# Probability law

1. Jun 18, 2014

### darrin016

Feel free to move if this is in the Erin section.
I'm no mathematician. Second year of college going to my astrophysics degree.
Something I don't understand is this
Probability law. The following is copied from Wikipedia
"For example, if the chance of rain in Moscow on a particular day in the future is 0.4 and the chance of an earthquake in San Francisco on that same day is 0.00003, then the chance of both happening on that day is 0.4 × 0.00003 = 0.000012, assuming that they are indeed independent."
They also have a equation for a monkey typing the word banana. 1/50 for 50 keys on a board. Banana has 6 letters so it was explained as
1/50 *1/50 six times. And that was the solution to the chances of the monkey randomly typing the word banana. I disagree. Yes that is the chance it hits the keys. But this equation doesn't take into consideration the variable of it actually happening in the correct order. I feel that 1/50 X 6 just gives us the answer for the probability of the monkey randomly hitting the letters b a n a n a but not in a specific order. I believe spelling the word banana would be even less of a chance that 1/50 6 times added together. Maybe something like
1/50 x 1/50 x 1/50 x 1/50 x1/50 x1/50 x 1/48 for all the possible ways the letters can fall.. Does this make sense to anyone?

2. Jun 18, 2014

### Chronos

You are confusing permutation with straight probability. Coming up with a 'b', 3 'a' s and 2 'n' s without regard for the order, while still relatively small, is much more probable than 'banana' in that exact sequence. On the first keystroke you have 3 chances in 50 [b,a,n], and you always have at least 2 chances in fifty for the next keystroke, and in the worst case you have 1 chance in fifty for the rest. For 'banana' in that exact order, the odds are 1 in 50 for each keystroke. Clearly, the permutation sequence is more than 6 times more probable than the exact order.

3. Jun 18, 2014

### darrin016

Okay so the 1/50 are the odds of spelling banana out correctly in order.. So even with the 1/50 chance, there isn't another variable that comes into play? As far as getting all the 1/50 letters to happen exactly in the precise order?

4. Jun 18, 2014

### Staff: Mentor

Imagine that we have a very large number of monkeys, each sitting in front of it's own typewriter. They all strike a key... One in fifty of them will hit the "b" key. We shoot all the other monkeys (or release them to go play in the jungle if you prefer).

When our remaining monkeys all strike a key again, one in fifty of them will hit the "a" key. That's one-fiftieth of one-fiftieth of our original collection of monkeys.

We keep these around and give them their one chance in fifty of hitting the "n" key, and so forth. Each time, one in fifty monkeys score the right next letter and the other forty-nine out of fifty drop out. That's where the 1/50 x 1/50 x1/50... six times comes from.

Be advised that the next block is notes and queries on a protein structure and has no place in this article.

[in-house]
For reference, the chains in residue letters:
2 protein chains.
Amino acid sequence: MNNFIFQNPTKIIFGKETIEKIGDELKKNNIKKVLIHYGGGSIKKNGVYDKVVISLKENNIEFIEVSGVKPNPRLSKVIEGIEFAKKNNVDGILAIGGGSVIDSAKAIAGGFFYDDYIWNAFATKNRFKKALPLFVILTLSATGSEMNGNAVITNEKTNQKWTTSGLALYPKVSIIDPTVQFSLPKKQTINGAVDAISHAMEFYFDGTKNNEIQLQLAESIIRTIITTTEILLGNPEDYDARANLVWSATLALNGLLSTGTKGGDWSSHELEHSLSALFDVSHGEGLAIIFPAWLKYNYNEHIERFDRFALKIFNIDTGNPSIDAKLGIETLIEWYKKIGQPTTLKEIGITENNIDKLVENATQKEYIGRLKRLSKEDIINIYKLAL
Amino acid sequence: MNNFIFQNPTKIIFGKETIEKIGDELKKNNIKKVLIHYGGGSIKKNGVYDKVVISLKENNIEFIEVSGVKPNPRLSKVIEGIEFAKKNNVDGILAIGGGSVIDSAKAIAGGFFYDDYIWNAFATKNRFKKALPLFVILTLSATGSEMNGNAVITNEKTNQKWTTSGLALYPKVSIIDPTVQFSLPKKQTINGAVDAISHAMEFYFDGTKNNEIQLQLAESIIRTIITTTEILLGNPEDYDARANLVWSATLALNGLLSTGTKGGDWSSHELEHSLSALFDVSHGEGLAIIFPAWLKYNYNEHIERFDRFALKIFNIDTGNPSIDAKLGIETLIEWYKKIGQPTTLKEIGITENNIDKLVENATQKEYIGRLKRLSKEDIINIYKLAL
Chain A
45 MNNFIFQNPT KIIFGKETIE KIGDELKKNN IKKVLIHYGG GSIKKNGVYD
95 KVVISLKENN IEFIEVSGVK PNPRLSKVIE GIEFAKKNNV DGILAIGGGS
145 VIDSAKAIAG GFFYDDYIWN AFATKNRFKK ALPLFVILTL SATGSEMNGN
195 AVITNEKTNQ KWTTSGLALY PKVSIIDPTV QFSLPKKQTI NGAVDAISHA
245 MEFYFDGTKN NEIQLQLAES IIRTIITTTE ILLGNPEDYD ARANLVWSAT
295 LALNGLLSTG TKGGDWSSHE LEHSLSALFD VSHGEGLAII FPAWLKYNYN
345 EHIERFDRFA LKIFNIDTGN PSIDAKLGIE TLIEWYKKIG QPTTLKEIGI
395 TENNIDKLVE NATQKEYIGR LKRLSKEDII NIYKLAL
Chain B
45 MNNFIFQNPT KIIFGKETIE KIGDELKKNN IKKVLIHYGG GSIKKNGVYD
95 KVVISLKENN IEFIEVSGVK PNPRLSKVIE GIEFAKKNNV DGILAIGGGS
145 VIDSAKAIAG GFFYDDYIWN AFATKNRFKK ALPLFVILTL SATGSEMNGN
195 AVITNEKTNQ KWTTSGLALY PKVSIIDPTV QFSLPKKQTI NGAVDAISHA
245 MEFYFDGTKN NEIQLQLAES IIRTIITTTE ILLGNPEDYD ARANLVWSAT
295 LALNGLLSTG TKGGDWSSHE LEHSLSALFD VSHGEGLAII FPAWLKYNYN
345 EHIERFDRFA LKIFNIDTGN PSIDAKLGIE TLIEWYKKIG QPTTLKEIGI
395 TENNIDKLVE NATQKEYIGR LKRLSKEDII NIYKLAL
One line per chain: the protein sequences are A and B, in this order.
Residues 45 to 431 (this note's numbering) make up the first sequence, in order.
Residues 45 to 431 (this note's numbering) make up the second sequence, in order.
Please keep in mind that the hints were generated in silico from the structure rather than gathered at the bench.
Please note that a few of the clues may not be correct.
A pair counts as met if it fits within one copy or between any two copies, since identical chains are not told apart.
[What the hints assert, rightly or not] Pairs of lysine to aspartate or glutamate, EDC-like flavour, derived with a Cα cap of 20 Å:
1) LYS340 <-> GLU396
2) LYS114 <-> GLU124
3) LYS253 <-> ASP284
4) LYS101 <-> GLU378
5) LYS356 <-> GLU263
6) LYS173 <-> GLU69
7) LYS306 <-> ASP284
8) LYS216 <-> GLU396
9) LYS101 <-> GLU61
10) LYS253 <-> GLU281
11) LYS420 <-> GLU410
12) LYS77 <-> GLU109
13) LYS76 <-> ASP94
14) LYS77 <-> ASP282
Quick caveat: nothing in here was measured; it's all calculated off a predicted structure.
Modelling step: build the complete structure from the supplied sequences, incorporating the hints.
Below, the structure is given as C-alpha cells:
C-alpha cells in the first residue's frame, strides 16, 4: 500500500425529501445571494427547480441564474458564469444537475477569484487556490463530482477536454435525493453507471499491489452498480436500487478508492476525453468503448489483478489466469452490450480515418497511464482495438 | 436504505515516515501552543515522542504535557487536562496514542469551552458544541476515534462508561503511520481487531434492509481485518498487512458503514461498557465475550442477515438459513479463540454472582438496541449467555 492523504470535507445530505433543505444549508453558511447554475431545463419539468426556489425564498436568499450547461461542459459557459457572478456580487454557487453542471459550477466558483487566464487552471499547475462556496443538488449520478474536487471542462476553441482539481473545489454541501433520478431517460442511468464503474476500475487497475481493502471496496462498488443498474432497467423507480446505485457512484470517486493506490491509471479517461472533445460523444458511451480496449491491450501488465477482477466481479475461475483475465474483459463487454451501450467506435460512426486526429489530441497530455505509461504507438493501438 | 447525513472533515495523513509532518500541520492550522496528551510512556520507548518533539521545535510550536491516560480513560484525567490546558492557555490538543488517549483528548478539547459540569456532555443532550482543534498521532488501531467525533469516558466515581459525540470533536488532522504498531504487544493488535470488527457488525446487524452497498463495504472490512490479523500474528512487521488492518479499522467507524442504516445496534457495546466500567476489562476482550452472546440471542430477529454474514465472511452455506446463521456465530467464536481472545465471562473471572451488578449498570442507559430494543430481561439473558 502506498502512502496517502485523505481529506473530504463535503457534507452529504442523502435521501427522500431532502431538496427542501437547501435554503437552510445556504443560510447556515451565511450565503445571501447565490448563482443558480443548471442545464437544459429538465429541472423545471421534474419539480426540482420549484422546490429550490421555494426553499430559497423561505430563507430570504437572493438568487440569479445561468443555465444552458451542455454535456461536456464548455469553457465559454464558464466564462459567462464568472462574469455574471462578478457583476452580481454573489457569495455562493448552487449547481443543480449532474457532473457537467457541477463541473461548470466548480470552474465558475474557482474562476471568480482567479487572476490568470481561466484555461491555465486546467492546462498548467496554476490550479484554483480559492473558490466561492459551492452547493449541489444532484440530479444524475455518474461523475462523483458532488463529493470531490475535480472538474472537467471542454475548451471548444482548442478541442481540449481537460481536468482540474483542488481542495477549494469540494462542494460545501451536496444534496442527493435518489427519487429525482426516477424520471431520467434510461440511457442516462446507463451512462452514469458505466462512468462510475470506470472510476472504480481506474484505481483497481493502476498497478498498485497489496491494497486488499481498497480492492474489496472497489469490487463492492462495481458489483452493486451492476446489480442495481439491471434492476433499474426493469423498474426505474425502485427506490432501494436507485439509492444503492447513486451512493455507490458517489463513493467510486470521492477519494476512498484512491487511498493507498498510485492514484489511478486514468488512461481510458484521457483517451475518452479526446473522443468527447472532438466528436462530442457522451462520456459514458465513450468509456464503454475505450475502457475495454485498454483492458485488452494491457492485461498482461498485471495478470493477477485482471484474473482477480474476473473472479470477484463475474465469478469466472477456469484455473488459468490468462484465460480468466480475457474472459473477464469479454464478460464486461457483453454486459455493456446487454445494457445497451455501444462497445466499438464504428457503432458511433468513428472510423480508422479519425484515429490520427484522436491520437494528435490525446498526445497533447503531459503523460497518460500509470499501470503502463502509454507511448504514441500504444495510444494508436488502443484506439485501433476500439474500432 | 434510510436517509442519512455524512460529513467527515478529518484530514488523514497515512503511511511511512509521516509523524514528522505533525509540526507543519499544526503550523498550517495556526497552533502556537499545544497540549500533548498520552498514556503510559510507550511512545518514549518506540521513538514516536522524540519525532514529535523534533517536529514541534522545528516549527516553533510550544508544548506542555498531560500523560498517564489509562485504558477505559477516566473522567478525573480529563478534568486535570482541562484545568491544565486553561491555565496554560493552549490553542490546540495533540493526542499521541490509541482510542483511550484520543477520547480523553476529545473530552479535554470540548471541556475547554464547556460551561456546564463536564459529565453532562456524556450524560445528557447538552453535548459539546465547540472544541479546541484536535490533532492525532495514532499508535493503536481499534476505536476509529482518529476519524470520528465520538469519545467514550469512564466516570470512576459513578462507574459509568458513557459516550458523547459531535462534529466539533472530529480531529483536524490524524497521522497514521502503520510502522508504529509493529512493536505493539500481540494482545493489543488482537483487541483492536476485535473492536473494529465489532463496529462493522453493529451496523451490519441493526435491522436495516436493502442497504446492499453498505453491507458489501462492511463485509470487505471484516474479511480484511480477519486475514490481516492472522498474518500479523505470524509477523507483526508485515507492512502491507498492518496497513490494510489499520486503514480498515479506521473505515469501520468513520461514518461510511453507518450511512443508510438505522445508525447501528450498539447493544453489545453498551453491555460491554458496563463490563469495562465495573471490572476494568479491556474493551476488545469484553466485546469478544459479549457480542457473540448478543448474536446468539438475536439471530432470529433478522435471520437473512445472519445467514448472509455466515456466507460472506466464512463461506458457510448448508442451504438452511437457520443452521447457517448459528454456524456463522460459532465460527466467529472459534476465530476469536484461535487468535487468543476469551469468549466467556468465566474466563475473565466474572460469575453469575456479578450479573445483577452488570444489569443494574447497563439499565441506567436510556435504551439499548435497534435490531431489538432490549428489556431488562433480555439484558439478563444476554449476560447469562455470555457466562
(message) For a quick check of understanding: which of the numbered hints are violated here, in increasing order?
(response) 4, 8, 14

If you want the probability of getting the six letters right in any order, that's a bit trickier. If every monkey types six letters, there are 50x50x50x50x50x50 different sequences they can type. How many of these sequences contain one "b", two "n"s, and three "a"s?

5. Jun 18, 2014

### TumblingDice

The calculation is all good as it is. The parts that represent getting the letters in the correct order are the "ones" in all numerators. That's because, for each letter in "banana", there is only 1 correct key (out of 50) that will continue to produce the desired sequence. Ergo the product of all six 1/50 values represents the entire probability.

6. Jun 18, 2014

### Delta²

A simpler way to see it is that the probability for the monkey to hit the word banana is the same with the probability to hit any other word (one specific word not all together) that has 6 letters. All the words with 6 letters are 50^6 . So the probability to hit one specific word is 1/50^6.

The probability to hit any word that is an anagram of the word banana is (6!/(2!x3!))/50^6. That is so because all the anagrams of the word banana are not exactly 6! as one might thought at first glance but because "n" appears 2 times and "a" appears 3 times we have to do a division by 2!x3!.

7. Jun 19, 2014

### D H

Staff Emeritus
No, no, no!

The probability that the monkey will correctly press the "b" is 1/50. Note that 49 out of 50 times, the monkey doesn't even do that. If the monkey does that first task correctly, the probability of getting the next letter ("a") correct is 1/50. If the monkey does both the first and second task correctly, the probability of getting the next letter ("n") correct is 1/50. And so on.

However, the probability that the monkey will hit the "b" key and then the "a" key, in that order, is 1/2500. The probability the monkey will hit the "b" key, and then the "a" key, and then the "n", in that order, is 1/125000. By the time you get to "banana", the odds are ridiculously against the monkey typing that by random choice.

8. Jun 19, 2014

### darrin016

So the probability is smaller than 1/50^6 that it types the correct order?
I feel like 1/50^6 is like resetting after each key. And doesn't take into consideration the small chance they do it in order. Even though the shooting the monkey does make sense.

9. Jun 19, 2014

### Staff: Mentor

$1/50^6$ is the probability of getting six letters correct in the correct order. And yes, it is like resetting each after key. Suppose you walked in on the experiment after five trials; you are looking at a whole bunch of monkeys who have successfully typed "banan" and are about to type another letter. One in fifty of them will hit an "a". That's the exact same odds that any monkey in our (then much larger) ensemble of monkeys had of hitting a "b" on the very first trial.